The steel plant uses carbon monoxide, which is abundantly present in the waste gases from steel production. ‘We first use part of it to produce hydrogen,’ says transition manager Cock Pietersen of Tata Steel. This hydrogen is created by initiating a carbon monoxide and water reaction, during which CO2 is released, ‘but it does mean we don’t have to use any extra natural gas to produce this hydrogen’. The idea is that AkzoNobel will build the hydrogen plant at the Hoogoven site in IJmuiden.
Dow uses naphtha as a raw material for all kinds of chemical products.
There is still enough carbon monoxide left to mix with the previously produced hydrogen to make so-called syngas. ‘We can make all sorts of substances from this syngas, which currently will mainly concern naphtha, a mixture of hydrocarbons that Dow uses to make chemical products’. The conversion will be carried out using the Fischer-Tropsch process, which was invented to produce diesel. Tata Steel can supply about 5% of the naphtha currently produced using petroleum by factories at the chemical sites in the Rijnmond and Moerdijk areas.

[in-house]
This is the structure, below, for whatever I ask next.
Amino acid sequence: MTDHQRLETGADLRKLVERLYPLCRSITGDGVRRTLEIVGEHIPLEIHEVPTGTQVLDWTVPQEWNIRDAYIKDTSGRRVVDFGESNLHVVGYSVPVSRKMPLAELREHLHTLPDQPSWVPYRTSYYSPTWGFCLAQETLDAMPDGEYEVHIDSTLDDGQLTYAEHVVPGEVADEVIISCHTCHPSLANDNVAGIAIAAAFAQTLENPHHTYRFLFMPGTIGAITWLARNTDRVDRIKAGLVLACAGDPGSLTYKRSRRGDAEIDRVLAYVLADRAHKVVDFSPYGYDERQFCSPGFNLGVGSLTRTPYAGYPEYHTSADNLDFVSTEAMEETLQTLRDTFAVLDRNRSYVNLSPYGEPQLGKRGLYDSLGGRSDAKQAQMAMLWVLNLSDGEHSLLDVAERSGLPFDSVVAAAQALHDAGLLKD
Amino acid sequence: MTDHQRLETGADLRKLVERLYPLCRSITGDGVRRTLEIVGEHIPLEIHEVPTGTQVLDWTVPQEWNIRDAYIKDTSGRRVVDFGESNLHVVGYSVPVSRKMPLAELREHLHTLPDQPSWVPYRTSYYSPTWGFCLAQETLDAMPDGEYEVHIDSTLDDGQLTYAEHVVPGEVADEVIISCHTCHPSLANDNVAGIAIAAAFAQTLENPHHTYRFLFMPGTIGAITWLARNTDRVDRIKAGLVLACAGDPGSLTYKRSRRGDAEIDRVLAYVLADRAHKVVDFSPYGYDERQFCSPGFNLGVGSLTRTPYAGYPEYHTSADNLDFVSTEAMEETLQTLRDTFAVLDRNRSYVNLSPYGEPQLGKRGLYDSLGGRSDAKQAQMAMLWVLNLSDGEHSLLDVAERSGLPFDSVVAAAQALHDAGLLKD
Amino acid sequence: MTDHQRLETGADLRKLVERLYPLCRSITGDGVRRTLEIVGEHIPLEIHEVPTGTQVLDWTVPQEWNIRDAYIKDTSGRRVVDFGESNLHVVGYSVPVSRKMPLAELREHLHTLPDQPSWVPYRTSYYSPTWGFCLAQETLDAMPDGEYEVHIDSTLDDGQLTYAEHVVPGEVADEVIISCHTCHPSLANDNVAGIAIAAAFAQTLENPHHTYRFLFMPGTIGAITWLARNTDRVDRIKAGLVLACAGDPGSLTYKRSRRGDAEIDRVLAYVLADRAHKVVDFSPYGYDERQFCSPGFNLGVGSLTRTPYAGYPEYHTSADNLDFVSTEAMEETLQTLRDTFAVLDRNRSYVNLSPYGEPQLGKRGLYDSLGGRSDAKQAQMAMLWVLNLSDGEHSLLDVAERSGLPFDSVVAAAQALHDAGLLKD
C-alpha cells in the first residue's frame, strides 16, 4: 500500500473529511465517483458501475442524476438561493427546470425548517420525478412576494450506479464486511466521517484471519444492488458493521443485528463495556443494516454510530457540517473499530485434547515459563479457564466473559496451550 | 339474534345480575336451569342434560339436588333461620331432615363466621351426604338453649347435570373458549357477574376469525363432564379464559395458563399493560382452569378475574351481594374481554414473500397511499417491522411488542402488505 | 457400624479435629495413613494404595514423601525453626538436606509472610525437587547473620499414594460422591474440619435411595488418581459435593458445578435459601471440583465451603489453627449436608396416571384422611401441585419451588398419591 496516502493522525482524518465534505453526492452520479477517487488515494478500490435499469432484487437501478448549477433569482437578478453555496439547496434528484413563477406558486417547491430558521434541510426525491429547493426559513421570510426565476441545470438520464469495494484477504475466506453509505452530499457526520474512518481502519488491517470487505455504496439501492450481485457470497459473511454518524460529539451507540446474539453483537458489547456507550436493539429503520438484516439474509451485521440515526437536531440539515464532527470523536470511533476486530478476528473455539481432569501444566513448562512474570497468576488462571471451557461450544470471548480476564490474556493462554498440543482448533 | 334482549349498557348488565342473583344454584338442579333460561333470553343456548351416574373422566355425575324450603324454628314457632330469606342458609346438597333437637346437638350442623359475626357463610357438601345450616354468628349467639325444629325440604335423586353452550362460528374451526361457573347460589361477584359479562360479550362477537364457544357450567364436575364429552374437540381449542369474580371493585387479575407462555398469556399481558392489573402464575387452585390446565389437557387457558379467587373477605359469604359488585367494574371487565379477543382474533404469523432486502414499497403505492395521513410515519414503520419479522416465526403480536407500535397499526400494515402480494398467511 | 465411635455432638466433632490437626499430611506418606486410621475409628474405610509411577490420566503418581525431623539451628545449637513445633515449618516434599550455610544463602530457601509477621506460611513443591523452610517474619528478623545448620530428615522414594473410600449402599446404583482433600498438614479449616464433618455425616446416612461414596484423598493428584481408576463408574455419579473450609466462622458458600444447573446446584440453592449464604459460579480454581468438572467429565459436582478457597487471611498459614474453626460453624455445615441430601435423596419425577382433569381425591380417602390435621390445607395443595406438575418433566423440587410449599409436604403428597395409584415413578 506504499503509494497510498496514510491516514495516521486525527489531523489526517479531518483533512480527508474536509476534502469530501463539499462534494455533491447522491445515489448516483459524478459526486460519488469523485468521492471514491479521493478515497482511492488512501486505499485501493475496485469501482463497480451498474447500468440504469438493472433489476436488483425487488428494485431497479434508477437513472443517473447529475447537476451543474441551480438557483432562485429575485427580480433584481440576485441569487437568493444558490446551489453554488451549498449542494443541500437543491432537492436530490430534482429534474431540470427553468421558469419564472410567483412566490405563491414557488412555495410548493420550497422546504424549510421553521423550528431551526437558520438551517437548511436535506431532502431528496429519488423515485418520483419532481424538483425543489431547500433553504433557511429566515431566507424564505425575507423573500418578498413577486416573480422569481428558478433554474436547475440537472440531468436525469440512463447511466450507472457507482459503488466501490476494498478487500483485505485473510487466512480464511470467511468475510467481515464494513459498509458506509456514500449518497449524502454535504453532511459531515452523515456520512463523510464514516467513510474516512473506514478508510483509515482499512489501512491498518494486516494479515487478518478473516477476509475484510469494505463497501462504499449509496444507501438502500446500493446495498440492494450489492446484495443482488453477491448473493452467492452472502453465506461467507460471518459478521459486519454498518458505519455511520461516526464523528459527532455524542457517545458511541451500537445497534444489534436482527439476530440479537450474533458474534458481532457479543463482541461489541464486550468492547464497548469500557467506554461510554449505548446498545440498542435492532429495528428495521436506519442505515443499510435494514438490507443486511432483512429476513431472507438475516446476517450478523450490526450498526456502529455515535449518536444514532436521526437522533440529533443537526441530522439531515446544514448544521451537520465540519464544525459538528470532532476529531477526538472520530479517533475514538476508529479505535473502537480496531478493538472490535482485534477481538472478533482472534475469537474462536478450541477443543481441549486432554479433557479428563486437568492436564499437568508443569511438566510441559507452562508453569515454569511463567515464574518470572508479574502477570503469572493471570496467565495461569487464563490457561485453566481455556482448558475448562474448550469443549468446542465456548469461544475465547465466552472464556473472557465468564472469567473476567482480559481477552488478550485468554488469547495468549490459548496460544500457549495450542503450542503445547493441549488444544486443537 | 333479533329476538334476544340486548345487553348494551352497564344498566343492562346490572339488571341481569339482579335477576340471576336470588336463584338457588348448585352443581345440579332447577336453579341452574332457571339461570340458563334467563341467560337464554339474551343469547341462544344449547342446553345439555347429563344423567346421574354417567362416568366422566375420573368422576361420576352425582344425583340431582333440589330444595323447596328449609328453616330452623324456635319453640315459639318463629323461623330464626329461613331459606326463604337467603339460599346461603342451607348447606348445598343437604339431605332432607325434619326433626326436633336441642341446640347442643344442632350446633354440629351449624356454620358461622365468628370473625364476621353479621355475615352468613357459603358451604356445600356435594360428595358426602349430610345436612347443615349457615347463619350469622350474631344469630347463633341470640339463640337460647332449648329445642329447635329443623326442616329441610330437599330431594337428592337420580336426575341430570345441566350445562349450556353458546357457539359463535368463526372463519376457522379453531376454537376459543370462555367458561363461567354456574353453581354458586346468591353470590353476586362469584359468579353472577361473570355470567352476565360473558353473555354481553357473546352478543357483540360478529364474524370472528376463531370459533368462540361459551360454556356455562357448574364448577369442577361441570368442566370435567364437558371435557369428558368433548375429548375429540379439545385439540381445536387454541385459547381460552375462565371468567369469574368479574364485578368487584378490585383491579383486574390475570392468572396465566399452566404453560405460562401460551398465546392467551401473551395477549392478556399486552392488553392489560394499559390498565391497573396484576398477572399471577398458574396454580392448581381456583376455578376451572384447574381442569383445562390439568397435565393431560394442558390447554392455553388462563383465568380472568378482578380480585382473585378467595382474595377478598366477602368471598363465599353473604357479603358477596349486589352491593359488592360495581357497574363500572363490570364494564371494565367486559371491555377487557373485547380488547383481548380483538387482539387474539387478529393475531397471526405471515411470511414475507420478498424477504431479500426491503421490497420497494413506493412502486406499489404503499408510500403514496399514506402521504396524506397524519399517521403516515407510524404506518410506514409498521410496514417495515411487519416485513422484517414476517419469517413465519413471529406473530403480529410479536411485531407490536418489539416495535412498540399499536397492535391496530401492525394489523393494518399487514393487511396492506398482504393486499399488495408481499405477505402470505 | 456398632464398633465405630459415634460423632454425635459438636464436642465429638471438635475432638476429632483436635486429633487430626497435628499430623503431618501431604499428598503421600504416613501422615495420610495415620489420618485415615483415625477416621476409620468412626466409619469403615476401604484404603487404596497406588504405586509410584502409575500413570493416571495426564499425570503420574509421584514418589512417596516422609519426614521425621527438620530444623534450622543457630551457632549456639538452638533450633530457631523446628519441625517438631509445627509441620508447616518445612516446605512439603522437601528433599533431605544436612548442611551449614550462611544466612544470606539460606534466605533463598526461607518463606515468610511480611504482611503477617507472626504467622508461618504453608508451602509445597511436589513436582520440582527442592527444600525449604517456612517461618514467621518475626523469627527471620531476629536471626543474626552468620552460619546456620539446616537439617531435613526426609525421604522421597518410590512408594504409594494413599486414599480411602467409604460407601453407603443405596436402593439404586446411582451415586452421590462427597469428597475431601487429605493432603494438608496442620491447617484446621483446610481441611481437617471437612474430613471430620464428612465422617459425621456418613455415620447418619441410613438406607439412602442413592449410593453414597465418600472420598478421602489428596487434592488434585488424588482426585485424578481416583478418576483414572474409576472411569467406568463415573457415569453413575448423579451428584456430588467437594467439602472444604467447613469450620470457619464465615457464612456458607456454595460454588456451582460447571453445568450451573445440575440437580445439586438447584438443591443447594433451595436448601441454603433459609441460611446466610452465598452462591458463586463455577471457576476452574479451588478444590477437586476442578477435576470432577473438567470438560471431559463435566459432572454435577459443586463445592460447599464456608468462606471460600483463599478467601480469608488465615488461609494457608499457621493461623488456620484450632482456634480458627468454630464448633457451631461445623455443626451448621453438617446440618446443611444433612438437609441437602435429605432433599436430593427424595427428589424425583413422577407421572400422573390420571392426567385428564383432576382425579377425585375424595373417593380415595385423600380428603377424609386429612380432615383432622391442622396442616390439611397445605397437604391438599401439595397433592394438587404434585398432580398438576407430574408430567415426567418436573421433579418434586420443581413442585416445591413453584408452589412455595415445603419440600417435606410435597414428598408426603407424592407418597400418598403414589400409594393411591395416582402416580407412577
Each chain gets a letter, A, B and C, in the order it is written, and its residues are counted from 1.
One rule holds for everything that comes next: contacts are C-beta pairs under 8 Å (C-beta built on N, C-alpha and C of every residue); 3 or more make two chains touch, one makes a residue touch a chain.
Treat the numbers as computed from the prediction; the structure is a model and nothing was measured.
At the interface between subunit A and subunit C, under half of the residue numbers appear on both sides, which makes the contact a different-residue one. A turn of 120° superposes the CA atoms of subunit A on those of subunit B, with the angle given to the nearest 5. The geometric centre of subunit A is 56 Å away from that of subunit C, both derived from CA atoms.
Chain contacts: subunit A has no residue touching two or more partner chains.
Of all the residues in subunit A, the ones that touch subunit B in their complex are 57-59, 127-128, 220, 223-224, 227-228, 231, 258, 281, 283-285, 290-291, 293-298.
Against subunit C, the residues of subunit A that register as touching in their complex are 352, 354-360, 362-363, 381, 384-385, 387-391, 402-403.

The main advantage of producing hydrogen and naphtha is that the carbon monoxide released during steel production is used to a much greater extent than at present, whereby the carbon monoxide is used as fuel in Nuon’s existing gas plant at the Hoogoven site.